| A group of activists who lived for up to two years in Daechuri and Doduri left their homes on April 9th, with the destruction of the villages already underway, on a Peace March from Daechuri to Seoul.|
They marched to denounce and mourn the destruction of Daechuri and Doduri (see previous post), to assert the right of Daechuri and Doduri villagers to return to their land, and to demand an end to the planned base expansion in Pyeongtaek. The activists (Pyeongtaek Jikimis, or “defenders”) held vigils every night in cities along their way. They were joined at their vigils by other opponents of the Pyeongtaek base expansion to sing, talk to local people about the base expansion, and give out out pea plant seeds from Daechuri gardens. The seeds are a symbol of Daechuri and Doduri as farming communities, and of the hope that Daechuri and Doduri farmers' struggle has inspired.
When the group arrived in Seoul on April 14th, they attempted to deliver a letter for President Roh at the Blue House (the presidential mansion). The group of around 20 marchers, plus some supporters and journalists, was stopped and surrounded on three sides by riot cops, with a police bus blocking the remaining side. A representative of the Blue House then held a bizarre negotiation with the Jikimis, first arguing that only a few people could go on to the Blue House to deliver the letter, then that no one could continue because the envelope contained seeds, making it not a real letter. When the Jikimis saw that the negotiations were a farce, they decided to send the letter through the mail, and held their protest and vigil right where they had been stopped. The activists talked about their experiences in Pyeongtaek, played the recorded voices of Daechuri villagers, and planted Pyeongtaek pea seeds in a flower garden that had conveniently been surrounded along with them by the riot cops.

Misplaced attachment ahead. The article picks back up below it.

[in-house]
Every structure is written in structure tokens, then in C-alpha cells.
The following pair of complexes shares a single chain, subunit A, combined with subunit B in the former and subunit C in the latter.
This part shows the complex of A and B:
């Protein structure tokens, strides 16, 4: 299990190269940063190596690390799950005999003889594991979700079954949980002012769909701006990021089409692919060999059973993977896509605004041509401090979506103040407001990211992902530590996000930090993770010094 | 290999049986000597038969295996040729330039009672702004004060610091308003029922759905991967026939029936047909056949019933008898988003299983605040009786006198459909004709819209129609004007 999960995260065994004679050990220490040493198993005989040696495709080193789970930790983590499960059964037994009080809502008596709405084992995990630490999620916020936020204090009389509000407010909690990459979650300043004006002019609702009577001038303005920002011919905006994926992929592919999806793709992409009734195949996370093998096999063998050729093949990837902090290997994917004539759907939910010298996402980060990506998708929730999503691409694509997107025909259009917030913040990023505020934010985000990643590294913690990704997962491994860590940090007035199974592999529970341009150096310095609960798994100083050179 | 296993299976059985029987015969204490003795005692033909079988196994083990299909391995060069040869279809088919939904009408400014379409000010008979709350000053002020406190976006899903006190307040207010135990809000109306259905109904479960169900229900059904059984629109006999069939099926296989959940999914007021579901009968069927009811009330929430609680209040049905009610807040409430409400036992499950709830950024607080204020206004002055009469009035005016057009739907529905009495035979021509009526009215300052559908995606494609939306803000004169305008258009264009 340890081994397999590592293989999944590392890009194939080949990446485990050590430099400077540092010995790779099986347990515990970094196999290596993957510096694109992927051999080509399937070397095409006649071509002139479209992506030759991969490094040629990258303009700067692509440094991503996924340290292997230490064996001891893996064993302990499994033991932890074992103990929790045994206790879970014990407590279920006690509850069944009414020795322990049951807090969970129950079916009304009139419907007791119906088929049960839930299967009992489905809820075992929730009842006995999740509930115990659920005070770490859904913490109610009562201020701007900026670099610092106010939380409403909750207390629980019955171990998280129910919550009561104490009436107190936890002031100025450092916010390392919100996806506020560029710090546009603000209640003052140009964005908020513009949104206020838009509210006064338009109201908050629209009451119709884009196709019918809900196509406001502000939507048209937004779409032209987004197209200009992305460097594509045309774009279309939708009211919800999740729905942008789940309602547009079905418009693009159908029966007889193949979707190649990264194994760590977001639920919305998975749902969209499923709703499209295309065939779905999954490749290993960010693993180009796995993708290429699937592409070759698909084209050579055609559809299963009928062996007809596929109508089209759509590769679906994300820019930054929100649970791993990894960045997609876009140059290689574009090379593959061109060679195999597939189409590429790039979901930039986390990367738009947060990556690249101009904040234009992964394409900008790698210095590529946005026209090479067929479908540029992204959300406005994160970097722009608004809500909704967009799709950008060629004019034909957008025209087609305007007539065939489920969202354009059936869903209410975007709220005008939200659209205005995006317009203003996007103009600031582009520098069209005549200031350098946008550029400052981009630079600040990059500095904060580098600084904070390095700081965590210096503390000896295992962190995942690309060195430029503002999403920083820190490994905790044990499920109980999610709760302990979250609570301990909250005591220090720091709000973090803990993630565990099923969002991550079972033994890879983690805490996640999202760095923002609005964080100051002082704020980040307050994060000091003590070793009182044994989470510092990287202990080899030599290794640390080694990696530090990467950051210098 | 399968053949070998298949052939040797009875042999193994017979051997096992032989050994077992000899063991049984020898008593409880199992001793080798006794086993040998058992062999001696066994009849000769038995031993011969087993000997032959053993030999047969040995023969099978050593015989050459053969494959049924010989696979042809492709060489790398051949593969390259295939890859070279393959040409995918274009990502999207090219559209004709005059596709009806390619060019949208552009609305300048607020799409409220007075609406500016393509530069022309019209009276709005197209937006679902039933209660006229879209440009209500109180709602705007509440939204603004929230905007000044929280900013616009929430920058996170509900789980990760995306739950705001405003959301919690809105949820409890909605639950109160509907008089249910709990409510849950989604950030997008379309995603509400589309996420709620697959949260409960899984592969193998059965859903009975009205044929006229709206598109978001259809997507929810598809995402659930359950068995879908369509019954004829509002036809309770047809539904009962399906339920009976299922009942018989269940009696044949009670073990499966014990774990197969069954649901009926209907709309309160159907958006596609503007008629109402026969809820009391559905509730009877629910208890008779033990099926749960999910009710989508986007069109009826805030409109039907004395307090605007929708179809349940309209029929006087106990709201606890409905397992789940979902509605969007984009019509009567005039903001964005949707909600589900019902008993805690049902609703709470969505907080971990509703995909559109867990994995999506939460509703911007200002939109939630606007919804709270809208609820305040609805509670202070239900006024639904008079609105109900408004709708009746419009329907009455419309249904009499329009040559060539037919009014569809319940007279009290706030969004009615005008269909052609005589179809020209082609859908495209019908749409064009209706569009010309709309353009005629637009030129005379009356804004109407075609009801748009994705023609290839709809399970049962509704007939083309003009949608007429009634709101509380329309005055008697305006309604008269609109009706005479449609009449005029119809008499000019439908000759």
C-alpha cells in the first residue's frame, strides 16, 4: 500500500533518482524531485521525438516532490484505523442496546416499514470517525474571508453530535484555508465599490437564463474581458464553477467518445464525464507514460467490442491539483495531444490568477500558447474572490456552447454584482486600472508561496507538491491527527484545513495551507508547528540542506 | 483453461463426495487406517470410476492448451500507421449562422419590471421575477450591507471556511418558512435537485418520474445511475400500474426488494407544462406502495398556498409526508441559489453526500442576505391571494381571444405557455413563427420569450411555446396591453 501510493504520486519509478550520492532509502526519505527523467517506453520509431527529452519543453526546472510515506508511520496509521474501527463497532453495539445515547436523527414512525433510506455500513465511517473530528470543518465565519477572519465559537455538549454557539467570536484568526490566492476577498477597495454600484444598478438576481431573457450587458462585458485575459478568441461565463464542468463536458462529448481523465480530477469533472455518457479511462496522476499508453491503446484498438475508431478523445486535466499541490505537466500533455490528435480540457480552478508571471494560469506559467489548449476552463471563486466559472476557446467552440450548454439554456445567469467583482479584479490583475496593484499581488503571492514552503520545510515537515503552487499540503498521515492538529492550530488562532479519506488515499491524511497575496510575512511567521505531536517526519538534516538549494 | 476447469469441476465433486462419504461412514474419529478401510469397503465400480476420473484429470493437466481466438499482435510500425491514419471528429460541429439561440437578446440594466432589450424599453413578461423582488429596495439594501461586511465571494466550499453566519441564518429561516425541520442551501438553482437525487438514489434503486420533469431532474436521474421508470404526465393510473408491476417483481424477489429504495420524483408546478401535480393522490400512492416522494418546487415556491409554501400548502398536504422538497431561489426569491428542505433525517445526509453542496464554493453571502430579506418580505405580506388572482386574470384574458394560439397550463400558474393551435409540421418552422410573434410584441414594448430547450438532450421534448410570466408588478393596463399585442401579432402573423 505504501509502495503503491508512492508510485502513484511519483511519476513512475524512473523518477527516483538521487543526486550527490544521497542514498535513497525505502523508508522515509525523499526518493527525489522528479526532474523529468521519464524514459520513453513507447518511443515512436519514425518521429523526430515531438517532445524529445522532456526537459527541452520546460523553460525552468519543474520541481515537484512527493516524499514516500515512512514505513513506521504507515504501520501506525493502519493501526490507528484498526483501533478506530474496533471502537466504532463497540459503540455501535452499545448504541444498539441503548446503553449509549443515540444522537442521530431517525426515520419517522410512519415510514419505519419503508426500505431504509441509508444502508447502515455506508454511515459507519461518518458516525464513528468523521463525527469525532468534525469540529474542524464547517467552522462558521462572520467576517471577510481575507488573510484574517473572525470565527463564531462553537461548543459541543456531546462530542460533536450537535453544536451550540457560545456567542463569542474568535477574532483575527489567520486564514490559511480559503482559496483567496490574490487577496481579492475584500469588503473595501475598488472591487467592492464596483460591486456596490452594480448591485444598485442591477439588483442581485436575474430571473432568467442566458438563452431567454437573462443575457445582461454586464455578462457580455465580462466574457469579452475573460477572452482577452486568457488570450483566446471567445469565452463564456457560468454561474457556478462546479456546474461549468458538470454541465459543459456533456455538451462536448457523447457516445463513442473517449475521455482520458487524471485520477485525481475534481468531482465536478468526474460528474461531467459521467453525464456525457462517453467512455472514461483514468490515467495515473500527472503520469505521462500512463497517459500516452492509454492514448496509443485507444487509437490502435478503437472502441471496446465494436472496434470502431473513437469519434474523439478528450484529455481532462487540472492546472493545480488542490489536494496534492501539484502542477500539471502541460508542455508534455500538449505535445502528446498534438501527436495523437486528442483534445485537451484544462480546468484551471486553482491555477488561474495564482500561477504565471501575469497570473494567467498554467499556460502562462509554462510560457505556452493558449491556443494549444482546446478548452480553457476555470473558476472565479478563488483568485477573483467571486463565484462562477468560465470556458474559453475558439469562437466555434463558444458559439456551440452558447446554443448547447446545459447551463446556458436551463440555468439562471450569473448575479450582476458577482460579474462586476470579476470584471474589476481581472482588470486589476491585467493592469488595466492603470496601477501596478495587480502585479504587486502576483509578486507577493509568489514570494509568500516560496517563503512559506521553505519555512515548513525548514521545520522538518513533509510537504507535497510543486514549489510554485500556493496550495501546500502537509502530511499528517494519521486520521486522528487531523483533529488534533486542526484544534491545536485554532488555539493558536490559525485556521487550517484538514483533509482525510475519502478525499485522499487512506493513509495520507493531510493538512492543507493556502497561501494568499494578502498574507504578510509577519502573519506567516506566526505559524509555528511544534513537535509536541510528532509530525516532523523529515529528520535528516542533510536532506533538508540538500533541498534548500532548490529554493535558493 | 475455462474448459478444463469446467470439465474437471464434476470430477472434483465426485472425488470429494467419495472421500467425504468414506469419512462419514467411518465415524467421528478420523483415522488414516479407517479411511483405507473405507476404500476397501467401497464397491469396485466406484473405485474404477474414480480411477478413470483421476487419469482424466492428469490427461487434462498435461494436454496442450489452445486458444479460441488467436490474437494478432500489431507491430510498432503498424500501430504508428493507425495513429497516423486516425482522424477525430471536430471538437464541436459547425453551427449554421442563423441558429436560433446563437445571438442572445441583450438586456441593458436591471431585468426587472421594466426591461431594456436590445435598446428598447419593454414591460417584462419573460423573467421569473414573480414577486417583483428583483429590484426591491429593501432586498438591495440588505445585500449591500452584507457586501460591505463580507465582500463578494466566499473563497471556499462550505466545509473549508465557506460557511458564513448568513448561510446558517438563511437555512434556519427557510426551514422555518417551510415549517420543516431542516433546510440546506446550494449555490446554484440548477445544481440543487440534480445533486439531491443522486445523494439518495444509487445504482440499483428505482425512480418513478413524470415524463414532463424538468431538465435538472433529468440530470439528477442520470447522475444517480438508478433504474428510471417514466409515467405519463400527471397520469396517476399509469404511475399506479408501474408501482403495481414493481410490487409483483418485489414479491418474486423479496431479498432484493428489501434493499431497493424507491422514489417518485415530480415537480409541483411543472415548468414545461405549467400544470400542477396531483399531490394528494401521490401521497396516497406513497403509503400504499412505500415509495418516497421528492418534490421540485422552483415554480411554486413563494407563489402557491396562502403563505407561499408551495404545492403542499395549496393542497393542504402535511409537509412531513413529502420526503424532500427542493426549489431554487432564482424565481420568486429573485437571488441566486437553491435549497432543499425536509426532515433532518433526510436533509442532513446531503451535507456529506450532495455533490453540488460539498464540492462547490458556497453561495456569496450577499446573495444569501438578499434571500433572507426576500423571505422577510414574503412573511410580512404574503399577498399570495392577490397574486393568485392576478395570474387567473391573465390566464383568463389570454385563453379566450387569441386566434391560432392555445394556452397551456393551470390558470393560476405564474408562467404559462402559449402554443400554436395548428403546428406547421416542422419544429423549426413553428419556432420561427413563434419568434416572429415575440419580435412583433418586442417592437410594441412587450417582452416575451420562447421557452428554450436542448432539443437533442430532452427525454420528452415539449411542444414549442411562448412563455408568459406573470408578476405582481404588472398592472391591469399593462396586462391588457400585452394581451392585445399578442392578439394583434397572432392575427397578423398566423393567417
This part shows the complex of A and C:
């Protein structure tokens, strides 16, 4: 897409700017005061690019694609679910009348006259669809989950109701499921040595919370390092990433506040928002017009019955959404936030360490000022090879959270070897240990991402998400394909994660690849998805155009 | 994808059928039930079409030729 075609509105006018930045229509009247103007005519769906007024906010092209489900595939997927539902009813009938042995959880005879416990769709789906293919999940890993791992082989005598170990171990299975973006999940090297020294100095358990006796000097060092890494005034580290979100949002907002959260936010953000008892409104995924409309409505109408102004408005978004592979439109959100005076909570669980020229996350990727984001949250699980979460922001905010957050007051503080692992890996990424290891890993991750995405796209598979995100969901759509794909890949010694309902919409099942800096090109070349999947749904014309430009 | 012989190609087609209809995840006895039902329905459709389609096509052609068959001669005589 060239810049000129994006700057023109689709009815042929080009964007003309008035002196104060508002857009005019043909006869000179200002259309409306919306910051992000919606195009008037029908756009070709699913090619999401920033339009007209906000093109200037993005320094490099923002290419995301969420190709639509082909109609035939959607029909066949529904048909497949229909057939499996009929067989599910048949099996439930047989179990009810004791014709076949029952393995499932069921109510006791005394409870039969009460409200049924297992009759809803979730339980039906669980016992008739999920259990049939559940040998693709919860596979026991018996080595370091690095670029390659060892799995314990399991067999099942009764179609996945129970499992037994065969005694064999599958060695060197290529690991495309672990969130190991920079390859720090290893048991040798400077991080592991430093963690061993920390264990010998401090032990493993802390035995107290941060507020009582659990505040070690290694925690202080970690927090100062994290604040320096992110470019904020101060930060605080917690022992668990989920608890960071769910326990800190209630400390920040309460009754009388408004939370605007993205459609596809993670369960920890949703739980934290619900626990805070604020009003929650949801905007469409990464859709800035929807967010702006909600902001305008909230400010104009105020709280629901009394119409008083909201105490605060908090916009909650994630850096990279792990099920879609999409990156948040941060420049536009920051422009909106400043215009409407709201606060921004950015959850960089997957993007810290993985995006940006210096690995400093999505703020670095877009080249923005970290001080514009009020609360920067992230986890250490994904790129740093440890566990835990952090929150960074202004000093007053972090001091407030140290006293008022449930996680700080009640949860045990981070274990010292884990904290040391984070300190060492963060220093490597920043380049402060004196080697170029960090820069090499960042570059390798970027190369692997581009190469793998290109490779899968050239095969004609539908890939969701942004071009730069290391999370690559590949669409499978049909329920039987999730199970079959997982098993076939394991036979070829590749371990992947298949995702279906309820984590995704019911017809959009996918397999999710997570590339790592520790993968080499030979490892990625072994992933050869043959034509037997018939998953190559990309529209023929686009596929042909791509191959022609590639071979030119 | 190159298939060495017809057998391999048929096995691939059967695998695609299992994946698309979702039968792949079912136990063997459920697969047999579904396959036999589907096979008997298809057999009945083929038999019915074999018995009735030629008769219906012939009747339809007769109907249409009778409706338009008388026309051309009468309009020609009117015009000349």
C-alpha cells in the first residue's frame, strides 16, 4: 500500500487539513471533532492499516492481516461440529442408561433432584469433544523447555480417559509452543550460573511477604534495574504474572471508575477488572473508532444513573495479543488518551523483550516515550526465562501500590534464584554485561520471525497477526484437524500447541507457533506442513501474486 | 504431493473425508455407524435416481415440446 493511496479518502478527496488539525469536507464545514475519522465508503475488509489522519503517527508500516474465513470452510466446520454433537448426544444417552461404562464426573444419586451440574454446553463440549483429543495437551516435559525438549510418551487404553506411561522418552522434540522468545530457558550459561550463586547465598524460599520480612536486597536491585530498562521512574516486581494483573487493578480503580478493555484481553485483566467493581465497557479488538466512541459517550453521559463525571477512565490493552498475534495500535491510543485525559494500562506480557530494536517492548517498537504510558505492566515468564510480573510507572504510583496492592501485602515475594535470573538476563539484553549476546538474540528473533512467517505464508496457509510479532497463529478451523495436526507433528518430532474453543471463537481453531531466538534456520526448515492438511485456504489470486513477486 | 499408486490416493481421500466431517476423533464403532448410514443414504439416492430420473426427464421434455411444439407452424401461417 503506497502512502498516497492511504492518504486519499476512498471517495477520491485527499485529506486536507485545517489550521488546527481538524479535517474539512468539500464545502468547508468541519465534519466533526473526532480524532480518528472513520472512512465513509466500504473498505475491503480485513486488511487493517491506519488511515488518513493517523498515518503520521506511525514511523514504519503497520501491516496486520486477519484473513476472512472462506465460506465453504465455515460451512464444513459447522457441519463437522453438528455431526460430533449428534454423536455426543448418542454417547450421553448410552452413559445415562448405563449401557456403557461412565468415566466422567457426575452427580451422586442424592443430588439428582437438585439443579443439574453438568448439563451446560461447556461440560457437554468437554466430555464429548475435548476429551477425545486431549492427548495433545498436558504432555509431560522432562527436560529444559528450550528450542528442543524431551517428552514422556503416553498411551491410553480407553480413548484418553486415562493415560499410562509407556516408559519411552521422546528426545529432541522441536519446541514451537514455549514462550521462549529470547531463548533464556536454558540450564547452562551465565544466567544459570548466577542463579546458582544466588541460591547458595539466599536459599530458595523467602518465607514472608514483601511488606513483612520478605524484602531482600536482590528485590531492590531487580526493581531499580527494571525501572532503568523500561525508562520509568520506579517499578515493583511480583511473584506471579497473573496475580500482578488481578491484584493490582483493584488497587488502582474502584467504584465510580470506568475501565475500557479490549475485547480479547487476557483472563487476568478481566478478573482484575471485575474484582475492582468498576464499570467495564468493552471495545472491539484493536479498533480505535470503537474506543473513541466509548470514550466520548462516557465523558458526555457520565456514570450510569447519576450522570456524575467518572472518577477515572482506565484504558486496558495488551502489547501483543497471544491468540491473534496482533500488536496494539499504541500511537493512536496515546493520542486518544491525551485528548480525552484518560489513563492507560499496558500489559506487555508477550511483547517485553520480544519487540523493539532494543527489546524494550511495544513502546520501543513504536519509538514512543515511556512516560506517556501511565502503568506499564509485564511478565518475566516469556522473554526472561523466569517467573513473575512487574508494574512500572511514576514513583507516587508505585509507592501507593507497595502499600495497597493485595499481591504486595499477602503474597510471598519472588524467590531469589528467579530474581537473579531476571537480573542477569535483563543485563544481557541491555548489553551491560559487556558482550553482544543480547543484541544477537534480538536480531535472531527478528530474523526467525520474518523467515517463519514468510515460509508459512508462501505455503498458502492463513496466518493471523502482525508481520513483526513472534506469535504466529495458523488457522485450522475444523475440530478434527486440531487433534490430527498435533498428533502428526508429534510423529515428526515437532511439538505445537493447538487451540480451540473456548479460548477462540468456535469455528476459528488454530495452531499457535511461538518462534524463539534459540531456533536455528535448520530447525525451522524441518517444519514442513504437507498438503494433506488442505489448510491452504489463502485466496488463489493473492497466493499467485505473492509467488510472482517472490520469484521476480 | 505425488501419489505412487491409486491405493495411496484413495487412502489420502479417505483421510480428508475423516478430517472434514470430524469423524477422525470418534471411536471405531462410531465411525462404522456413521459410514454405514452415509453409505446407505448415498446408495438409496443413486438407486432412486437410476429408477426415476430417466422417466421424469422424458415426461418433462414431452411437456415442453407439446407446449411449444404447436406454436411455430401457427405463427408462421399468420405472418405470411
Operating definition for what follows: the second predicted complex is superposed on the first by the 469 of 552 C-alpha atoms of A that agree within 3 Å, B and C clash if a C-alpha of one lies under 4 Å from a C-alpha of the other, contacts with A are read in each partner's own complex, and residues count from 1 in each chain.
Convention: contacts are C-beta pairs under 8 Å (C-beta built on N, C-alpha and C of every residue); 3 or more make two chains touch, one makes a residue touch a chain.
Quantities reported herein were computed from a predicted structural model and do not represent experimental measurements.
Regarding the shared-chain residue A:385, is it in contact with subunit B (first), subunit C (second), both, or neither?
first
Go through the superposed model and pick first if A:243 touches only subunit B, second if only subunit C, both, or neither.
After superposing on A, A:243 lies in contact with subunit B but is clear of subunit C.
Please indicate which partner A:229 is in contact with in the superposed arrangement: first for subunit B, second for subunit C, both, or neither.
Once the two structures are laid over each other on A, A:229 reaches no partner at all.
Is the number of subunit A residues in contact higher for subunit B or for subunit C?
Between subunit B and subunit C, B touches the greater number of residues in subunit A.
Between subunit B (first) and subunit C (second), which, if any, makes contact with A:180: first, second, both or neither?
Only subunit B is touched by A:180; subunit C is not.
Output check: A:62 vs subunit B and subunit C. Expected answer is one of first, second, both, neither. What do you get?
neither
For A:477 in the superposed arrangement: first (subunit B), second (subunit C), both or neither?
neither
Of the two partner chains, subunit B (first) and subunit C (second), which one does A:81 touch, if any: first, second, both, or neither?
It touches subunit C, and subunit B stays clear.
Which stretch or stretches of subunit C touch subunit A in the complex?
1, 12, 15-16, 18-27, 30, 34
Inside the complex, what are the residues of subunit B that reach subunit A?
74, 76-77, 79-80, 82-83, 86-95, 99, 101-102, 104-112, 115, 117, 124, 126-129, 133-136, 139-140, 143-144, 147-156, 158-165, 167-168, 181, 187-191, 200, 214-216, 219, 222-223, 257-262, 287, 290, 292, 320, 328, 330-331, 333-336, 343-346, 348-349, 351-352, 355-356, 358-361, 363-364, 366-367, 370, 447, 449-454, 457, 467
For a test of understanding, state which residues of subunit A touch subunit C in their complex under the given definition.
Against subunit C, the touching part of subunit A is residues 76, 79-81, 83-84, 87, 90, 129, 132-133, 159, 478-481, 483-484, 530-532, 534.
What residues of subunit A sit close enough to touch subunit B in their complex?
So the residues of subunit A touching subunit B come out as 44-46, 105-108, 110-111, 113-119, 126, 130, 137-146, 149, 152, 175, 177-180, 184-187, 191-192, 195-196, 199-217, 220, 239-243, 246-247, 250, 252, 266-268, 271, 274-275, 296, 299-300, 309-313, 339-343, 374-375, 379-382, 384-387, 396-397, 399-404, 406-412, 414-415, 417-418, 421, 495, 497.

The marchers continued the following day to the village of Ohyeoli (“O-hyeo-li”), another farming community threatened by displacement to expand a military facility. Ohyeoli villagers raise cattle, wheat, and rice north of Seoul (Daechuri is south of Seoul). In 1982 they were pushed off their land to make way for a Korean military training ground, much as Daechuri residents were forcibly relocated in the 1950s. In 1997, the training ground became a joint US-Korean facility.
Ever since Ohyeoli farmers's resettlement on nearby land, they have lived side by side with the largest live bomb training ground in East Asia. For 13 weeks of every year, the farmers are subjected to the sounds of booming explosions and tanks rumbling past their homes and fields. They aren't ever told in advance when the training will begin, but find out when they wake up in the morning and see riot police lined up alongside their village, to keep them out of the training area.
The training is more than an inconvenience, it's also dangerous. In 2002, two middle school girls were run over and killed near Ohyeoli by a tank on its way out of the training ground, in what became a major national incident. The soldiers responsible for the killing were found “not guilty” and released.
In 1996, the expansion of the training ground was announced. The new training ground will be double its current size, and over four times the size of the expanded base at Pyeongtaek. The site will be linked to the Pyeongtaek mega-base by military-use only train tracks.
Although the planned completion date was originally 2012, now the Korean government is trying to speed up the displacement of the Ohyeoli villagers in order to finish earlier. The villagers, who have been organizing their resistance to the training ground expansion for over ten years now, shared experiences with the Pyeongtaek activists during their visit.
Above photos: Military vehicles near Ohyeoli; Daechuri activists plant Daechuri pea seeds in Ohyeoli.
See previous post for more photos of the Jikimi march to Seoul.